November Tips & Events for Santa Clara County
“Even if something is left undone, everyone must take time to sit still and watch the leaves turn.”
~Elizabeth Lawrence
Monthly Tips
Quiz: Mulch Depth to Prevent Weeds?
One of the biggest benefits of mulch is suppressing weeds. But how deep should mulch be to do a good job? Take a guess at the minimum depth in inches, then scroll down to see the answer.
Photo credit: Canva stock image
A large pile of wood chips which can be used as mulch
Harvest Leafy Greens Early and Often
Leafy greens
Many gardeners wonder when to harvest vegetables. One answer is to harvest when the vegetables look like the ones sold at the grocery store. But with leafy greens, home gardeners have a secret advantage: we can harvest leaves when they’re young and tender. No need to let them get big, old, and bitter. Lettuce, kale, chard, mustards, and more can be harvested leaf by leaf for months. For thickly planted patches, the cut-and-come-again method is quick and easy. Just watch for signs that plants are getting ready to bolt (send up a flower stalk). That’s the signal it’s time to harvest the entire plant.

Photo: Tender baby chard leaves for salads or cooking, Lars Beulke (Pixabay)
A Squash by Any Other Name
Did you know that pumpkin pie is made with squash? It’s true! That’s because pumpkins are just winter squash with a particular look: round, ribbed, and orange. Squash that we call pumpkins come from all three major branches of the squash family: Cucurbita pepo (Sugar Pie, Jack Be Little), C. maxima (Amish Pie, most jack-o’-lantern types, the giant ones grown for competition), and C. moschata (Dickinson, the variety commonly used for canned pumpkin, which is closely related to butternut squash). Be aware that while most winter squash are delicious, the ones bred for jack-o’-lanterns are often stringy and watery, so may not be the tastiest squash for cooking. Winter squash are grown in the summer and harvested in the fall. “Winter” refers to them being a winter food source, not when they’re grown.
Photo: Winter squash come in a wonderful array of shapes, sizes, and colors, Karen Schaffer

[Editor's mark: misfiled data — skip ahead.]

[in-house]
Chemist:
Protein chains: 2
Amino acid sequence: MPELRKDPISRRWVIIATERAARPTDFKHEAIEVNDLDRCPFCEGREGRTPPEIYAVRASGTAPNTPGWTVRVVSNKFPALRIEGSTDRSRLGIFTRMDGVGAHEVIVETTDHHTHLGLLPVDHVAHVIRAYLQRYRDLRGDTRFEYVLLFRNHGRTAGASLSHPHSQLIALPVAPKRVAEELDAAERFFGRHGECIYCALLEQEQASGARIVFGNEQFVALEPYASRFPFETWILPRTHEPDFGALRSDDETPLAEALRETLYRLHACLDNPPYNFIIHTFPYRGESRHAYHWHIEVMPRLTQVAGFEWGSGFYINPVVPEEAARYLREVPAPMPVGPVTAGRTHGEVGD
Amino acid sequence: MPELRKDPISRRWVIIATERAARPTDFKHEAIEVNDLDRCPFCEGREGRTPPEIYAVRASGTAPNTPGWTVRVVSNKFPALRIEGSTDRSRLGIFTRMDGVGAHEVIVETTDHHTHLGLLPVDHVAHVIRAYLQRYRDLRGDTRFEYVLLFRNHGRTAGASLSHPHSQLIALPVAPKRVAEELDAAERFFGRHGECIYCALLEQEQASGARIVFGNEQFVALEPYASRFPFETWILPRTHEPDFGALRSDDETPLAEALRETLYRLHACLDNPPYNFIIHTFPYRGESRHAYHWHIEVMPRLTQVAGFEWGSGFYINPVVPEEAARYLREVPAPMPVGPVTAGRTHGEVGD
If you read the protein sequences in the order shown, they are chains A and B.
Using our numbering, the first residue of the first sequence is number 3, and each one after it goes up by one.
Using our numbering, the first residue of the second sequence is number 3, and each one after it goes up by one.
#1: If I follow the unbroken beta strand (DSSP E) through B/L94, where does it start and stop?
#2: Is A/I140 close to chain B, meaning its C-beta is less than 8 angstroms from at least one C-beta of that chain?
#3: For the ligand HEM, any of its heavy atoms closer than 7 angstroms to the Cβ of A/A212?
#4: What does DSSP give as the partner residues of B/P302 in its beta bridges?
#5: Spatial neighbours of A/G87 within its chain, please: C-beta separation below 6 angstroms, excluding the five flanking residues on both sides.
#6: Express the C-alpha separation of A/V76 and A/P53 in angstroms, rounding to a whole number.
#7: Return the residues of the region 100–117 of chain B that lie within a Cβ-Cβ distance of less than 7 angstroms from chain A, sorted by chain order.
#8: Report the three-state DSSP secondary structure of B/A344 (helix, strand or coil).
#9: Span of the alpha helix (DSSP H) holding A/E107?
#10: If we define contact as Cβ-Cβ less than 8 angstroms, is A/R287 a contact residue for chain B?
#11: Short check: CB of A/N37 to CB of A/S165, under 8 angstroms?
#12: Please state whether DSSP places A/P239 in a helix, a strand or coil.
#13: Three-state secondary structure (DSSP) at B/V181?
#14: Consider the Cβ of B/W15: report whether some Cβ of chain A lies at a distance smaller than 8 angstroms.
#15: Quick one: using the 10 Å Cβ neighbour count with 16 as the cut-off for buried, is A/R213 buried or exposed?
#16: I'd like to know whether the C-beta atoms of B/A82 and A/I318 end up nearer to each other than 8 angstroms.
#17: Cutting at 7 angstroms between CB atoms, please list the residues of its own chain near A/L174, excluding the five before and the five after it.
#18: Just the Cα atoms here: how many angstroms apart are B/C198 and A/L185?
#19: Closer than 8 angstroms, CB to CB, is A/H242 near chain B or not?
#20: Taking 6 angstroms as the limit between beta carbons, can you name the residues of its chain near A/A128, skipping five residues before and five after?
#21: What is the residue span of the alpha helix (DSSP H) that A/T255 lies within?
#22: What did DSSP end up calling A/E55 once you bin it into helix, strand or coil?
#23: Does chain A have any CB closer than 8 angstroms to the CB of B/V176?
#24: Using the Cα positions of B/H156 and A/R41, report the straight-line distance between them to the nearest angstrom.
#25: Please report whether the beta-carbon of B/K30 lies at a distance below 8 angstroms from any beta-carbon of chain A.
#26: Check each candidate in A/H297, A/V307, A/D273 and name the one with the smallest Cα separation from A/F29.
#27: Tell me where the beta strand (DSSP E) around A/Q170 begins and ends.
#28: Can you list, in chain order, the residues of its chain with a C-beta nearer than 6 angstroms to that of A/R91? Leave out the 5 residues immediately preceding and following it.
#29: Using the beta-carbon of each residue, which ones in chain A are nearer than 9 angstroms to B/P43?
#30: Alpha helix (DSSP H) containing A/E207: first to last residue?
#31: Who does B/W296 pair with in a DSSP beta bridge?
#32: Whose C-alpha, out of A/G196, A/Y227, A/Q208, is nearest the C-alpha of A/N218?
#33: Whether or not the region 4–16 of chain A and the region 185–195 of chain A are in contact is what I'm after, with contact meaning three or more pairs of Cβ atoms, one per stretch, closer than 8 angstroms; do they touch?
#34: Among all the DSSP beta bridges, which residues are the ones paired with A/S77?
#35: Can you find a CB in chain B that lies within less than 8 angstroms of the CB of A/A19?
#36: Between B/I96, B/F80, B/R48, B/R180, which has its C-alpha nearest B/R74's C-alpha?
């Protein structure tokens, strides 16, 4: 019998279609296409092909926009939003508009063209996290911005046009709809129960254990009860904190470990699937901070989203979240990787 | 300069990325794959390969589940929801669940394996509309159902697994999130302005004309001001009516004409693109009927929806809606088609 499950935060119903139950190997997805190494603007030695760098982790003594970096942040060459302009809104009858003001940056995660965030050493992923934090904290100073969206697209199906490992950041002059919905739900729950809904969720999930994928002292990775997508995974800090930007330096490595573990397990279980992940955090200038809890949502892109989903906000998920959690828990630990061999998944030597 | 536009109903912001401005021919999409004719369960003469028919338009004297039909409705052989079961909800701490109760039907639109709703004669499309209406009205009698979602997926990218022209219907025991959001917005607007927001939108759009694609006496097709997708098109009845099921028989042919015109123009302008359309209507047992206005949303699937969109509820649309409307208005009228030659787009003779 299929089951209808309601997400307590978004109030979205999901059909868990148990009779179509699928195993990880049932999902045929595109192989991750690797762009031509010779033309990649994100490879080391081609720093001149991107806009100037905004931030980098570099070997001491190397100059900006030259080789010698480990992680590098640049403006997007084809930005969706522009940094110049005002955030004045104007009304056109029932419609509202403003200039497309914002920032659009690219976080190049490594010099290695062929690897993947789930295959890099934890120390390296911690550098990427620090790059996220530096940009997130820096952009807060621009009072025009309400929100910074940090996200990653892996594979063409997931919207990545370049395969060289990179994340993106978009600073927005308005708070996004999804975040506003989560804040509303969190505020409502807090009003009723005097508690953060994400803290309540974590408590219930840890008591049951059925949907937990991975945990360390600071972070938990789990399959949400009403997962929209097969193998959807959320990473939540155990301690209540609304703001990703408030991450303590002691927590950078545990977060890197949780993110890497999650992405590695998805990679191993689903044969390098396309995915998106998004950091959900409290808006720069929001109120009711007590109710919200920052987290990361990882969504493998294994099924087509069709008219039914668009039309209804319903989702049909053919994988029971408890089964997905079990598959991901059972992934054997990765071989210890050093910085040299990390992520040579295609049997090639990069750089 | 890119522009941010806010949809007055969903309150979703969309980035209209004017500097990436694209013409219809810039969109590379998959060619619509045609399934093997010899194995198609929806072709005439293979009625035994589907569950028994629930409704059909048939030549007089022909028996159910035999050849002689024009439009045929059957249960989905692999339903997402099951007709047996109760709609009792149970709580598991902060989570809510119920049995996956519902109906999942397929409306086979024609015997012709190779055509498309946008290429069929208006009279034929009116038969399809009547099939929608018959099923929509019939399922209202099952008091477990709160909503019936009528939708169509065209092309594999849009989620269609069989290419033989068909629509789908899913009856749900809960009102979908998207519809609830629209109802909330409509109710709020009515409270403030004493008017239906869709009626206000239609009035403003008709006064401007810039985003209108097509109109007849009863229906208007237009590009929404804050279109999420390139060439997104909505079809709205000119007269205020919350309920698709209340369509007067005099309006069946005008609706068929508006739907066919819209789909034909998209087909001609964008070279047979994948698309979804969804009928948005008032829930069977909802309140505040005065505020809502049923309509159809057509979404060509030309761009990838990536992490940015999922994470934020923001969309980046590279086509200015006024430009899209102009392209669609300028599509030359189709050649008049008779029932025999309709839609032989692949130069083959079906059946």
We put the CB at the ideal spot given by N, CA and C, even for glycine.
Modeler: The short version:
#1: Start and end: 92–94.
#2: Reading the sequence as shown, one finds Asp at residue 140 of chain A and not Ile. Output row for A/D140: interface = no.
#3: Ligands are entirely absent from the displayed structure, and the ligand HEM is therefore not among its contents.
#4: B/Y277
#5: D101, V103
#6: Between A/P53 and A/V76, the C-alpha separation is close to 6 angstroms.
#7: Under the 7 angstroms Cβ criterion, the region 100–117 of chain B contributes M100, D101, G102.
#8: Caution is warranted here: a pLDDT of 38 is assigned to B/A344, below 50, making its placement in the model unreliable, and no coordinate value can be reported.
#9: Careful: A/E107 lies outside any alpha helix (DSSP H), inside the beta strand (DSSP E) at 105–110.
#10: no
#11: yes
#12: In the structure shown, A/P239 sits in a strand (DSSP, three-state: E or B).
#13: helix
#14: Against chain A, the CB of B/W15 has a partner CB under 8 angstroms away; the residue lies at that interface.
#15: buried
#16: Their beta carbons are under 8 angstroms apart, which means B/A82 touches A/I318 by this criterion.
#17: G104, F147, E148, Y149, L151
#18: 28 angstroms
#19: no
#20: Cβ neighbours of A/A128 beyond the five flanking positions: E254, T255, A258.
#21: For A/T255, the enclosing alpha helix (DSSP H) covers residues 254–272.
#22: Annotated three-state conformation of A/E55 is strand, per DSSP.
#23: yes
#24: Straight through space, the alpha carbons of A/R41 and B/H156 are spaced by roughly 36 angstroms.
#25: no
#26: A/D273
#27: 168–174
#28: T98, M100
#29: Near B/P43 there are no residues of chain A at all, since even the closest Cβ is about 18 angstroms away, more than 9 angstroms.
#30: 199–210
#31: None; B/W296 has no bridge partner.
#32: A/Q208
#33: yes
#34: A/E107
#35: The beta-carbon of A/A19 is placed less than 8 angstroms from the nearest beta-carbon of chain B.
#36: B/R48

Varieties of winter squash
Old Container Soil, What Now?
Recycling old soil
Have you ever wondered what to do with container soil when the plants are done? Don’t throw it away! You can refresh old potting soil and use it again. Start by loosening the soil and removing all plant parts. Then mix it with fresh potting soil, and some compost if you have it. The fresh material will add nutrients and organic matter for your next round of planting. A word of caution: don’t reuse potting soil if you’ve had problems with disease, insects, or weeds. Pathogens, insect eggs, and weed seeds can remain in the soil even after a plant is removed.

Photo credit: Canva stock image
Propagate Native Plants Now
Bush anemone  - Carpenteria californica from the UC Davis Arboretum
Plant propagation is the process of creating new plants, either by planting seeds or by cutting a piece of an existing plant and encouraging it to grow into a new plant. Fall and early winter are ideal for propagating many California natives because fall rains promote healthy new growth. Propagating your own plants can be fun, especially when you share unusual cuttings or seeds with others. Another bonus – it’s a free way to expand the variety of natives in your garden without paying nursery prices. Come learn how to propagate native plants at our November 9 talk, which will also include a Seed & Cutting Exchange so you can take home new native plants for your landscape - for free!